Act I, Scenes 2 and 3
Touchstone: Duke Frederick's court jester
Le Beau: a foppish courtier
Duke Frederick: usurper of his brother's dukedom; Celia's father and Rosalind's uncle
The next day, Rosalind, daughter of the banished Duke Senior, and Celia, Duke Frederick's daughter, are encountered at Duke Frederick's palace. Celia urges her cousin to "be merry," but Rosalind is still upset by her father's banishment. Celia attempts to cheer her up by pledging her friendship and affection. Rosalind agrees to be joyful for her sake, and to "devise sports." She asks Celia what she would think of falling in love, to which Celia replies that love is best treated as a "sport" rather than in earnest. The young women banter lightheartedly about the caprices of "fortune" and "nature." Touchstone, Duke Frederick's court jester, arrives on the scene. He engages in witty chatter and tells Celia that her father has summoned her. Le Beau, one of Duke Frederick's courtiers, enters and informs Rosalind and Celia that the wrestling matches are underway. Charles has defeated his first three challengers, doing bodily harm in the process.
Duke Frederick and his court, along with Orlando and Charles, arrive for the next match. Duke Frederick is worried for Orlando's safety and urges his daughter and niece to dissuade him from competing. Their attempts are met by Orlando's firm declaration that "If killed...I shall do my friends no wrong for I have none to lament me; the world no injury; for in it I have nothing." The match begins and Rosalind and Celia cheer for Orlando. Then, to the astonishment to the onlookers, Orlando throws his opponent. Duke Frederick orders the match to a halt. Orlando wants to continue, but Charles is vanquished and is carried off.
Duke Frederick inquires of the victor's name, but when he learns that Orlando is the son of the late Sir Rowland de Boys, an ally of the banished Duke, his manner becomes harsh. "I would thou hadst been son to some man else," he remarks. Although the world esteemed Sir Rowland as honorable, Frederick considered him an enemy. He exits with his court. Rosalind and Celia remain.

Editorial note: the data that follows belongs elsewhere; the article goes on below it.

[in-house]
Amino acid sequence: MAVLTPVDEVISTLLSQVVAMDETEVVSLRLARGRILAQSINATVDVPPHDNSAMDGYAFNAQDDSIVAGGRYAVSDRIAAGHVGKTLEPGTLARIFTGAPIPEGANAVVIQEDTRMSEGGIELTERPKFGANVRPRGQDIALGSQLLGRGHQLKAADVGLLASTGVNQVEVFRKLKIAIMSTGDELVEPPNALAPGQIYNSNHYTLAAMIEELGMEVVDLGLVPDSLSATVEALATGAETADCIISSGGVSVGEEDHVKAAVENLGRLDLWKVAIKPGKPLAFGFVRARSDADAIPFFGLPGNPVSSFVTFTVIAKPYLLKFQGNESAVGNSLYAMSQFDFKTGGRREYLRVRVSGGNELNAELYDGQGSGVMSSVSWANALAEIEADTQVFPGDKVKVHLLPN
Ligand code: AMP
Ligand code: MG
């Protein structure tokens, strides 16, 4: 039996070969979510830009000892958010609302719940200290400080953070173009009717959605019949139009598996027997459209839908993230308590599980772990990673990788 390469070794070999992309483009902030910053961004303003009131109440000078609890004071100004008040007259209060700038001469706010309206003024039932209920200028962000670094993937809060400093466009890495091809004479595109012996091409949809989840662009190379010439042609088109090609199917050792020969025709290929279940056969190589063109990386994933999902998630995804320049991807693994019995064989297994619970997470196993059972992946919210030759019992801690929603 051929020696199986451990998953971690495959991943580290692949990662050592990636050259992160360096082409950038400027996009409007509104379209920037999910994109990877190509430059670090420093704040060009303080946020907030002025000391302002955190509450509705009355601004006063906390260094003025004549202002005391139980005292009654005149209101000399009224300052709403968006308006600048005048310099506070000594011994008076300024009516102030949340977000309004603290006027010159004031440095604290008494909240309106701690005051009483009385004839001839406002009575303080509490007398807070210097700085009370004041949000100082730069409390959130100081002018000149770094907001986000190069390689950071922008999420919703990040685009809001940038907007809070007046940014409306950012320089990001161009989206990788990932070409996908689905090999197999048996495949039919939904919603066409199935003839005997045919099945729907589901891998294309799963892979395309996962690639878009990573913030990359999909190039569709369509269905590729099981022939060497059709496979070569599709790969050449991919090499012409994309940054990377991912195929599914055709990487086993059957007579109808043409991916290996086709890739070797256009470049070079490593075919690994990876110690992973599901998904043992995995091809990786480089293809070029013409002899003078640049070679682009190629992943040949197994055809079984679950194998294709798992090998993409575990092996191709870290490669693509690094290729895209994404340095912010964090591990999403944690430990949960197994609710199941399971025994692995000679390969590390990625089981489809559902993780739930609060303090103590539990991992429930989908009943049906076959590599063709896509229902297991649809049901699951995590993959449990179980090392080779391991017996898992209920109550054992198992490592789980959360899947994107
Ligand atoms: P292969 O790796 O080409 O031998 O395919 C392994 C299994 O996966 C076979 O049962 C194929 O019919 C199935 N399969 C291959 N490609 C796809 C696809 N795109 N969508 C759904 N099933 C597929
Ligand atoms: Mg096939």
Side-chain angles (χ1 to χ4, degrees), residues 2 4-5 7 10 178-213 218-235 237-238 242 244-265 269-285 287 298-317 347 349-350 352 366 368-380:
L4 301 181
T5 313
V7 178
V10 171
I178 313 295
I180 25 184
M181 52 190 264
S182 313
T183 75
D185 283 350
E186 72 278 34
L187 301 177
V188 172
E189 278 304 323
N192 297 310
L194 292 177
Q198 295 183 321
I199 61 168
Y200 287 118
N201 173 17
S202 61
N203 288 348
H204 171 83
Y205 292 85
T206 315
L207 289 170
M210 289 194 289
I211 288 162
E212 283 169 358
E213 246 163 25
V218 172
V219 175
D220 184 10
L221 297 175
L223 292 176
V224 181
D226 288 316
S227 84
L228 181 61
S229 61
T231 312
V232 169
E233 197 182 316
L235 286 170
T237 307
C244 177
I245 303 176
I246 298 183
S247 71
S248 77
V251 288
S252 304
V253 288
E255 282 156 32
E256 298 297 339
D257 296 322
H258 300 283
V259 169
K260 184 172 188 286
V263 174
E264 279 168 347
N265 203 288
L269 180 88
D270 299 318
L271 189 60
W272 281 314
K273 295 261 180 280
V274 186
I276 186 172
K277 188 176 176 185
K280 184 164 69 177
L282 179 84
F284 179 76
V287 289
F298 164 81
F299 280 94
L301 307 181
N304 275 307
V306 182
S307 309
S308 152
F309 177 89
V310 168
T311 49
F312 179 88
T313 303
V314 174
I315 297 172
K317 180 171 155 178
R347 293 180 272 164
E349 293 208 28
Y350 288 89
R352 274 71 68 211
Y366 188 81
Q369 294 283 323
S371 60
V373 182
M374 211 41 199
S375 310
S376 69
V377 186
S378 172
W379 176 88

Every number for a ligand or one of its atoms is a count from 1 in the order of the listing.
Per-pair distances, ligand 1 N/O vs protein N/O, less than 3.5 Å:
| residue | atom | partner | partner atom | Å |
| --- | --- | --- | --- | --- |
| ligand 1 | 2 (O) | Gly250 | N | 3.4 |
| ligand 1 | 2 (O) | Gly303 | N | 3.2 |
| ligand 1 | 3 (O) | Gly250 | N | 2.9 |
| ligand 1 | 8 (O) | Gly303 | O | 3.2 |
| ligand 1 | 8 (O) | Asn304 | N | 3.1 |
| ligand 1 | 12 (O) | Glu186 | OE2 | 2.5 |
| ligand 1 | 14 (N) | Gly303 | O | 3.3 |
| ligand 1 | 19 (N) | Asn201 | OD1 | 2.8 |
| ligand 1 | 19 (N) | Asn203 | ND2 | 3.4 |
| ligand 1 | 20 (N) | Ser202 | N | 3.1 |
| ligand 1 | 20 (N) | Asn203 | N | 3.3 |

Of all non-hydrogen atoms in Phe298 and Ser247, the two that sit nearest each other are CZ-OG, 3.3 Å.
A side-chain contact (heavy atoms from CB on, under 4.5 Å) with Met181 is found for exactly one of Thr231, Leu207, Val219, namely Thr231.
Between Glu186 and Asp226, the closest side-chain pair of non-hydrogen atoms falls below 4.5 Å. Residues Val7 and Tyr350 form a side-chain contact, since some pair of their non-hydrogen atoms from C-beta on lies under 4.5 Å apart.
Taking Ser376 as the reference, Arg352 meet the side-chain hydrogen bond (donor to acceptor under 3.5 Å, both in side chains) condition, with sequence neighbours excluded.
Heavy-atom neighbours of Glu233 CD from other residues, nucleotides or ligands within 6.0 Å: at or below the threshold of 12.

Orlando proclaims that he is proud to have been Sir Rowland's son and Rosalind comments that her father "lov'd Sir Rowland as his soul." She gives Orlando a chain from around her neck, but Orlando, who has fallen in love at first sight, is speechless and unable to thank her. Rosalind and Celia exit and Le Beau warns Orlando that the Duke is furious at his victory. He advises him to "leave this place" and also tells him that the Duke has recently "ta'en displeasure 'gainst his gentle niece" since the people "praise her for her virtues" and "pity her for her father's sake." Le Beau exits and Orlando, alone, notes that he must now go from facing "a tyrant Duke" to facing a "tyrant brother." Yet at the same time he has something to cheer his spirits: "heavenly Rosalind."
In Scene 3, also set at Duke Frederick's palace, Rosalind confesses to Celia that she has fallen in love with Orlando. Their conversation grinds to a halt, however, when Duke Frederick enters "with his eyes full of anger" and banishes Rosalind from the court. When Rosalind asks for an explanation she is told, "Thou art thy father's daughter, there's enough." Celia pleads with her father for Rosalind to remain, but the Duke refuses. Celia tells him that if Rosalind is banished she will go as well. Duke Frederick calls her a fool and exits.
Celia suggests that they join Rosalind's father in the Forest of Arden. Rosalind protests that the journey will be dangerous for young women: "Beauty provoketh thieves sooner than gold." Celia proposes that they travel in disguise and resolves to dress in peasant attire and call herself Aliena. Rosalind, the taller of the pair, decides to dress as a young man and call herself Ganymede. They make plans to lure Touchstone along for the journey...
(The entire section is 1,543 words.)